Research shows that people with rheumatoid arthritis have greater improvement in joint tenderness and in knee range of movement with hydrotherapy than with other forms of exercise. Health benefits for aching joints are long-lasting, according to a study published in 2002 in the Scandinavian Journal of Rheumatology, which found fibromyalgia patients still had improvements in symptoms and physical and social function up to 24 months after a hydrotherapy program. Plus, warm water can have a immediate soothing effect on achy joints and muscles. On the flip side, if the weather is hot, swimming can keep you cool while you get in shape. You may even workout longer since you will be cooler in the water.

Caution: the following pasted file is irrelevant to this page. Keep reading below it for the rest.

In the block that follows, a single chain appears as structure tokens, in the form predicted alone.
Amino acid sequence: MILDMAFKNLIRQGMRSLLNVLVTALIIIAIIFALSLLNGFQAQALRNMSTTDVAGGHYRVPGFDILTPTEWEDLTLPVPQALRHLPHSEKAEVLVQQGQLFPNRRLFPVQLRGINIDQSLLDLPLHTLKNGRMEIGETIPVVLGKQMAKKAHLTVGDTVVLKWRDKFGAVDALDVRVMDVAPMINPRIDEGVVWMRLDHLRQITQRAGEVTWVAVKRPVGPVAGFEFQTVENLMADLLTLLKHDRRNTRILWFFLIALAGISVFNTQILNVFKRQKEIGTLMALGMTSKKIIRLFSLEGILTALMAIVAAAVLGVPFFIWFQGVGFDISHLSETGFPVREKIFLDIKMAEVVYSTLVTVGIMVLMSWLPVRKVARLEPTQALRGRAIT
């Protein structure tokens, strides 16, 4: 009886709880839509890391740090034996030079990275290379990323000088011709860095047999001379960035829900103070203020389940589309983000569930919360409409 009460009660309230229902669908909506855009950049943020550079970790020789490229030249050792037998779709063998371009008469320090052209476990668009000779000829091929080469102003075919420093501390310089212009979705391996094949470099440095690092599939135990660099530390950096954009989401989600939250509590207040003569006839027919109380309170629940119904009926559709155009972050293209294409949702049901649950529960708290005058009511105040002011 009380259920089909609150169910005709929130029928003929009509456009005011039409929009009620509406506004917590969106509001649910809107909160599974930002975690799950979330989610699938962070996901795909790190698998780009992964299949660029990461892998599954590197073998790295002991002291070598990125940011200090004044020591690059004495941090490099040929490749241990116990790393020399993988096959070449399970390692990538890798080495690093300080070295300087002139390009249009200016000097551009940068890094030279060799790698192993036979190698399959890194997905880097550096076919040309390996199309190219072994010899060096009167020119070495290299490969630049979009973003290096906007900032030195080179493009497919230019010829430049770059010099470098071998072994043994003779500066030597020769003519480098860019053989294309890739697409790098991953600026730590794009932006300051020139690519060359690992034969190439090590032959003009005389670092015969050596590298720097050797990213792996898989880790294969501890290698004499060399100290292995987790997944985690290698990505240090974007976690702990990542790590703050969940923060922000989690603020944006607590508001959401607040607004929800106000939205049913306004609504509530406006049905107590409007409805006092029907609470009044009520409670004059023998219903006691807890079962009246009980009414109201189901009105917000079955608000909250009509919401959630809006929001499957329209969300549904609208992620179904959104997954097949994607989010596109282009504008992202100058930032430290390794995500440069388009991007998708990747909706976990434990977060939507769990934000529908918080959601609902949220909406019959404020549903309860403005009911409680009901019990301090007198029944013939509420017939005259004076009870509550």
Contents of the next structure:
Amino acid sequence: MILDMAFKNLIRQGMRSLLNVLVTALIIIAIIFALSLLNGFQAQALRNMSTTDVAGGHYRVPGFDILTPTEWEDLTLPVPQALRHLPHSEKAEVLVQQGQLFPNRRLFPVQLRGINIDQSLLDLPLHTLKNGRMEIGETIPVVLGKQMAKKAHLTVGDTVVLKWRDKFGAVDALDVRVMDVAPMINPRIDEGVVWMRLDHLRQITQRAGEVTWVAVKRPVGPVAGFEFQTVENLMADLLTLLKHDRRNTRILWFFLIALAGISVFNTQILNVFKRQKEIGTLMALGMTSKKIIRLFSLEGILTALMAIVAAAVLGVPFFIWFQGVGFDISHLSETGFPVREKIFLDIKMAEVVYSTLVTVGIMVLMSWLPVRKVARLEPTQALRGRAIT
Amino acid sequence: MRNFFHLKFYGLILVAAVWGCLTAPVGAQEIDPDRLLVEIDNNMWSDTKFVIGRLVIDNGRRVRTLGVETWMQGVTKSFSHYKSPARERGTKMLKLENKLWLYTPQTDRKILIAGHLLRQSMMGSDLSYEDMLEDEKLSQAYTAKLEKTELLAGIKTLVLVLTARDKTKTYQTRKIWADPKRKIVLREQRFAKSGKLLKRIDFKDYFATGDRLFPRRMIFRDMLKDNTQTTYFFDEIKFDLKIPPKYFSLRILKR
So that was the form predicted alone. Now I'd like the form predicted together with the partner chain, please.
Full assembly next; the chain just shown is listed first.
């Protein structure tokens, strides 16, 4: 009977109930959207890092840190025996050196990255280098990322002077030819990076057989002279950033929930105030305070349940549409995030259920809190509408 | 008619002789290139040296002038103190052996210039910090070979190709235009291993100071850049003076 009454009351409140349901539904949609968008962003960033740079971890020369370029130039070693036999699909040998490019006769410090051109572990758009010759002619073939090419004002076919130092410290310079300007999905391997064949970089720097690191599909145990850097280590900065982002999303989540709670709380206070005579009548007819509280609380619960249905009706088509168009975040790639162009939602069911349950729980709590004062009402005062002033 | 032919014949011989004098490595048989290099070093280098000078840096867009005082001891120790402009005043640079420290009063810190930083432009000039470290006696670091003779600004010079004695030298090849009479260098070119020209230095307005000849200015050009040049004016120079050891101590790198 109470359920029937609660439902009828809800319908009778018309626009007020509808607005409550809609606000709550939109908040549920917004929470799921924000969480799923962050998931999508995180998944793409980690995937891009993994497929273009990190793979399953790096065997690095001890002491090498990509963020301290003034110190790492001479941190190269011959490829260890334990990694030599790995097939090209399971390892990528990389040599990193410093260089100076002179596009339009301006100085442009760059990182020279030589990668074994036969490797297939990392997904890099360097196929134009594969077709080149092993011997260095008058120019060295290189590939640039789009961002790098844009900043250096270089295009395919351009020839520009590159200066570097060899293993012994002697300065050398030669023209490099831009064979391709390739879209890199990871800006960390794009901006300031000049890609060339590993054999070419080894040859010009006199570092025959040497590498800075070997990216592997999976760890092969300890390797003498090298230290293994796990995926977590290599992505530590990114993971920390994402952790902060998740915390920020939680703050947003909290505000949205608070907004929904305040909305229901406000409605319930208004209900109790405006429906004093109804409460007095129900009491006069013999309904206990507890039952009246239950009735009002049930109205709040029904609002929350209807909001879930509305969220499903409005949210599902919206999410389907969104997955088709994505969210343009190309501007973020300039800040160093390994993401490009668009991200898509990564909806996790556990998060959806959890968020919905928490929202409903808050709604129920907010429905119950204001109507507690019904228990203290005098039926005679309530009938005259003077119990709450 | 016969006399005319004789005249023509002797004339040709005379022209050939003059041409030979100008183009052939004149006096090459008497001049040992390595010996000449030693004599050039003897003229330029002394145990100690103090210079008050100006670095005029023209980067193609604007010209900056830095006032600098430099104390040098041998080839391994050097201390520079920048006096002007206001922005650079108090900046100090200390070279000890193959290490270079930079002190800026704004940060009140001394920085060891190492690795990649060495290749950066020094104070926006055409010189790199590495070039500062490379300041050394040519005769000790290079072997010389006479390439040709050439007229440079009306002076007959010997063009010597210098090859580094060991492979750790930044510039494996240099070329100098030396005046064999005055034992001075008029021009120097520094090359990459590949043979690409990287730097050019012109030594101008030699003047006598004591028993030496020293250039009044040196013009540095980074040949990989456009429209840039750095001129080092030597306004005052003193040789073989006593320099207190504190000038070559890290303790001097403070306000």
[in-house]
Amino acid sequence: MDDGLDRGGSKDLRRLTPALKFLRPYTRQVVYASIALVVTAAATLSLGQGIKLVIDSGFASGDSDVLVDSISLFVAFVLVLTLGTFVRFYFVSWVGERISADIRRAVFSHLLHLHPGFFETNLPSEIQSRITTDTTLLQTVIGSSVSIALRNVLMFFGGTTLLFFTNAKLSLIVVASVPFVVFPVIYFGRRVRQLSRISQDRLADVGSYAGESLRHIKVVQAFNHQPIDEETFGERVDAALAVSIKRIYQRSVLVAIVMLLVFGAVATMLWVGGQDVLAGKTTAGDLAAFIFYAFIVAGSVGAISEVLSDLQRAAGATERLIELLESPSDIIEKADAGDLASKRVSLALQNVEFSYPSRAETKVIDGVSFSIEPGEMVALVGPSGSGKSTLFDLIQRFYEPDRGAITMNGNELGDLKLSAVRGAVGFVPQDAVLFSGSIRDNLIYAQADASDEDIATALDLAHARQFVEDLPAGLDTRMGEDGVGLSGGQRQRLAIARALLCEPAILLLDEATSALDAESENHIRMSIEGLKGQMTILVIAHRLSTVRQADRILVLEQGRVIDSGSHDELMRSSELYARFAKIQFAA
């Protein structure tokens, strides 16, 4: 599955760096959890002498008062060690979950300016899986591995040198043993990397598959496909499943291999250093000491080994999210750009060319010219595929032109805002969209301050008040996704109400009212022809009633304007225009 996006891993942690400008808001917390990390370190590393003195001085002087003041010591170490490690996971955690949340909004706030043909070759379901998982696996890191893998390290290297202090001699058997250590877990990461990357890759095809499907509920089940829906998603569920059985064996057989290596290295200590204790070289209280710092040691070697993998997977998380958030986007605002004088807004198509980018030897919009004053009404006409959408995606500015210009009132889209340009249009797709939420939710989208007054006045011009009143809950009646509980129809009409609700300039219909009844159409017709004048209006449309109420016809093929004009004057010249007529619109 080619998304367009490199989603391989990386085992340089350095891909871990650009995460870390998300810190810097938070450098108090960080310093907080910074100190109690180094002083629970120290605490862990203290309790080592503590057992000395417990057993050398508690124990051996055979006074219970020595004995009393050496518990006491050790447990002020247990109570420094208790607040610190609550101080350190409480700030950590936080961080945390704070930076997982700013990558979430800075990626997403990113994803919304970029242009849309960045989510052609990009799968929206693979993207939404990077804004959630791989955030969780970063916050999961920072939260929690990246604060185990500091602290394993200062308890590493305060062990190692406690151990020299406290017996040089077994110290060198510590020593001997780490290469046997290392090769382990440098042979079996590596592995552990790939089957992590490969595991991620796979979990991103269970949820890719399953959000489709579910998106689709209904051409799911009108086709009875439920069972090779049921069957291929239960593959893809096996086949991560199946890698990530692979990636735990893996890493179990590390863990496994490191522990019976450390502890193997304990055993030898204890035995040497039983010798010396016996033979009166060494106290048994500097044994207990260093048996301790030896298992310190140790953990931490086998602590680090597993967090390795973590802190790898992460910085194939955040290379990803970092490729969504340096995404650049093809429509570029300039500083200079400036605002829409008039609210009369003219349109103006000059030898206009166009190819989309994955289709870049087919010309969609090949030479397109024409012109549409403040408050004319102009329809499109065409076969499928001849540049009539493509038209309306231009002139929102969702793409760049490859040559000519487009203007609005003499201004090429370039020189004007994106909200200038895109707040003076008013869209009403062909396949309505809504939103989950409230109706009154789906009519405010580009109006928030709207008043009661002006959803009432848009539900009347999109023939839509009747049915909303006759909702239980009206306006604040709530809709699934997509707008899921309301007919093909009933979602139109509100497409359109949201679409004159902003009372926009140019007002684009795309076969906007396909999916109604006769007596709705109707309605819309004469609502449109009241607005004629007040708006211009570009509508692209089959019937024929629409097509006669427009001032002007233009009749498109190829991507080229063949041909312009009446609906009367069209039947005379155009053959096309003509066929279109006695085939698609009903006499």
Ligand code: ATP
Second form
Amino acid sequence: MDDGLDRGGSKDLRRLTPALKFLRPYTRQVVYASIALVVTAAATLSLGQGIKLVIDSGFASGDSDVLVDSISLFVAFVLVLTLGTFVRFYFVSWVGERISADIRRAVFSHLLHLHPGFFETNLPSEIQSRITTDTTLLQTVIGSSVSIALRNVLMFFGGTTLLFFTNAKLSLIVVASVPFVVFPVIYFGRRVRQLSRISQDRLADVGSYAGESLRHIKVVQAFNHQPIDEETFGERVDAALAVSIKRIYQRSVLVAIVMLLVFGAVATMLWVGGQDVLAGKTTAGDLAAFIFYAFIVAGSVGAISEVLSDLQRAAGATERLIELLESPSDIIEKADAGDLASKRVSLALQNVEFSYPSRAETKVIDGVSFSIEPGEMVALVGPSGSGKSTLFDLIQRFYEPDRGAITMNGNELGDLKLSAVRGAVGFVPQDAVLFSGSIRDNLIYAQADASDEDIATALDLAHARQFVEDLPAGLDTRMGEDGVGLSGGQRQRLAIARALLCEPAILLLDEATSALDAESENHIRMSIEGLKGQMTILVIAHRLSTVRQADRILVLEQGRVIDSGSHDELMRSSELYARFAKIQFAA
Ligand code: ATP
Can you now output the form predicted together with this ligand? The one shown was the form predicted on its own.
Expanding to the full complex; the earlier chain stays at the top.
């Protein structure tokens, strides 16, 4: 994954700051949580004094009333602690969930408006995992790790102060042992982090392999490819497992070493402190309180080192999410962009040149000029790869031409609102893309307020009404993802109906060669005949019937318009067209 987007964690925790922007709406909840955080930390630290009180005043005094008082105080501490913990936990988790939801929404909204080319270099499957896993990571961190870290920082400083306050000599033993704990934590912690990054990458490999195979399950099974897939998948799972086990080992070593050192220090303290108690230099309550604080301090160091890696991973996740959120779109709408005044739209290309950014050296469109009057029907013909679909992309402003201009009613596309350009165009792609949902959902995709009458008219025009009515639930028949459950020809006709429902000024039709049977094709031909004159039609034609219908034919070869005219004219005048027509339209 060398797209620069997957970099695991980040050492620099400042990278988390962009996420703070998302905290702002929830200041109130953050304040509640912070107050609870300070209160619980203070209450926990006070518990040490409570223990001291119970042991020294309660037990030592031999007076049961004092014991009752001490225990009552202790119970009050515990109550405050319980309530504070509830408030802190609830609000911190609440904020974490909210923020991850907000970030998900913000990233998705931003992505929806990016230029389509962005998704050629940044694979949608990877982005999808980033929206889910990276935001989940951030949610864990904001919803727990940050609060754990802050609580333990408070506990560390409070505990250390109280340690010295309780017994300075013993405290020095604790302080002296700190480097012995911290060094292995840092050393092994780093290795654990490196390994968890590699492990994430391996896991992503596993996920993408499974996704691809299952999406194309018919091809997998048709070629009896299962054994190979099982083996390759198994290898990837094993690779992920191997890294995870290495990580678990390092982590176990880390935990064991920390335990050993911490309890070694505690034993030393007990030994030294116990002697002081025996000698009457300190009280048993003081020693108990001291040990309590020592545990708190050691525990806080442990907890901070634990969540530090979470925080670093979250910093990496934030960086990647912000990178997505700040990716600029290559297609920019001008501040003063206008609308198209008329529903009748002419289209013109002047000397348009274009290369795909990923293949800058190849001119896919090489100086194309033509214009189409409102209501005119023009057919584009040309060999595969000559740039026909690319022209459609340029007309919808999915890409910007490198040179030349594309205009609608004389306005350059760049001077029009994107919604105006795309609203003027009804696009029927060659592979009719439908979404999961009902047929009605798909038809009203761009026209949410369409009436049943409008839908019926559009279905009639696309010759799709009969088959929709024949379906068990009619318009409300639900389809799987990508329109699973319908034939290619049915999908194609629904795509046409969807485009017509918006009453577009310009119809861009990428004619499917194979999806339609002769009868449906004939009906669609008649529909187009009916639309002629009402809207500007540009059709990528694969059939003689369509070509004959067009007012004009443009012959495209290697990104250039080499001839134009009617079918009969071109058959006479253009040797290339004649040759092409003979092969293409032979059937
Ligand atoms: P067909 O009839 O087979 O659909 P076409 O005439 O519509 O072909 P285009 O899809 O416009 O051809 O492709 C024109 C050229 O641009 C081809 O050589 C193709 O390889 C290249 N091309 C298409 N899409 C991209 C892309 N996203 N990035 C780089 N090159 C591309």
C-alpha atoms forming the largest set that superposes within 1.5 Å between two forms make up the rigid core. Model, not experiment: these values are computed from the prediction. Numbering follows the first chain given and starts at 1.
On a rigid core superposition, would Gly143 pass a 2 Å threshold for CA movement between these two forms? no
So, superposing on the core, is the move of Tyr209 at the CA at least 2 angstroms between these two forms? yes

All of the benefits of exercise can also be obtained through aquatic exercise. A small study showed that participants in a 12-week water aerobics program (two 50-minute classes per week) saw a drop in their blood pressure as well as improvements in explosive strength and body composition. Another study concluded, “Like exercise on land, aquatic exercise should have a beneficial effect by lowering blood pressure.” Research shows that aquatic exercise lowers blood sugar levels for people with type 2 diabetes.
One common misconception about water workouts are that they are relegated for only the elderly, injured or chronically ill. However, working out in the water actually forces your body to work out harder than if you were on dry land. It’s a great workout for everyone!